September 26, 2013
For mobile platforms, news articles adapt to shorter, and longer, attention spans
“News Bites” was one of our 100 Things to Watch for 2013, the idea that as more people catch up with the news on smartphones, we’ll see an array of apps that help users stay current with a quick scan. The examples we pointed to—Summly and Wavii—have since been acquired, with Yahoo now incorporating Summly summaries into its own app (Google bought Wavii). The use of mobile news apps, meanwhile, is steadily rising, according to Adweek. More than ever, as Digiday recently noted, “readers want to consume content fast and often. The question every publisher is grappling with is how to do it.”
USA Today’s new sports news app, The Q, posts bites that are just 20 to 50 or so words in length. An exec told Digiday that the aim is to reach sports fans at bars, in line or watching TV. Wibbitz, a new text-to-video app, condenses news stories into mobile-friendly video clips. The company is pitching publishers on the idea of integrating its clips within longer features, per Springwise.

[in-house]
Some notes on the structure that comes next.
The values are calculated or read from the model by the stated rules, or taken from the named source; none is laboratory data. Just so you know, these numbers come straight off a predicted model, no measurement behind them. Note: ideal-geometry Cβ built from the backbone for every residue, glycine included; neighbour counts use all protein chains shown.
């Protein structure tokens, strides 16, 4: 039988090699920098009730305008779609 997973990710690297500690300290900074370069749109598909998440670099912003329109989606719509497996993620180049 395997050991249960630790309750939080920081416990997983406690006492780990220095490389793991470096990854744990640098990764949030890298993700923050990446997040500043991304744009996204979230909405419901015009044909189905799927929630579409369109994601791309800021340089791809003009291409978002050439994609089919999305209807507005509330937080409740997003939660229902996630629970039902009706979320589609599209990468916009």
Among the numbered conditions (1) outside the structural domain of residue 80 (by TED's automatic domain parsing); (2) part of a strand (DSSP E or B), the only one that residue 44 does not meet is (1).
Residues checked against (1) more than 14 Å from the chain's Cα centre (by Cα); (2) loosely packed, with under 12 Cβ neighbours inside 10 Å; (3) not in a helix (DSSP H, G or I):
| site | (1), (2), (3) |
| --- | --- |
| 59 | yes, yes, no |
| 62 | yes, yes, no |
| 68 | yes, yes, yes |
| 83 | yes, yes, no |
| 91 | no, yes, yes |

On the other side of the spectrum, publishers are experimenting with more immersive online stories that harness vivid imagery and videos. The New York Times garnered buzz (and a Pulitzer) for “Snow Fall: The Avalanche at Tunnel Creek,” published last December, which incorporates multimedia elements that appear as the reader scrolls down. The latest such effort from the Times is “The Jockey.” Rolling Stone has also ventured into this immersive territory, with HTML5-powered features like “The Geeks on the Frontlines” and “Greenland Melting.” But lean-back efforts like these, well-suited to tablets, may have too many bells and whistles for most readers, in the view of some critics.
Marketers will need to imagine new forms of ad placement that fit within this wide spectrum of news platforms and find ways to integrate seamlessly so as to complement rather than interfere with the experience.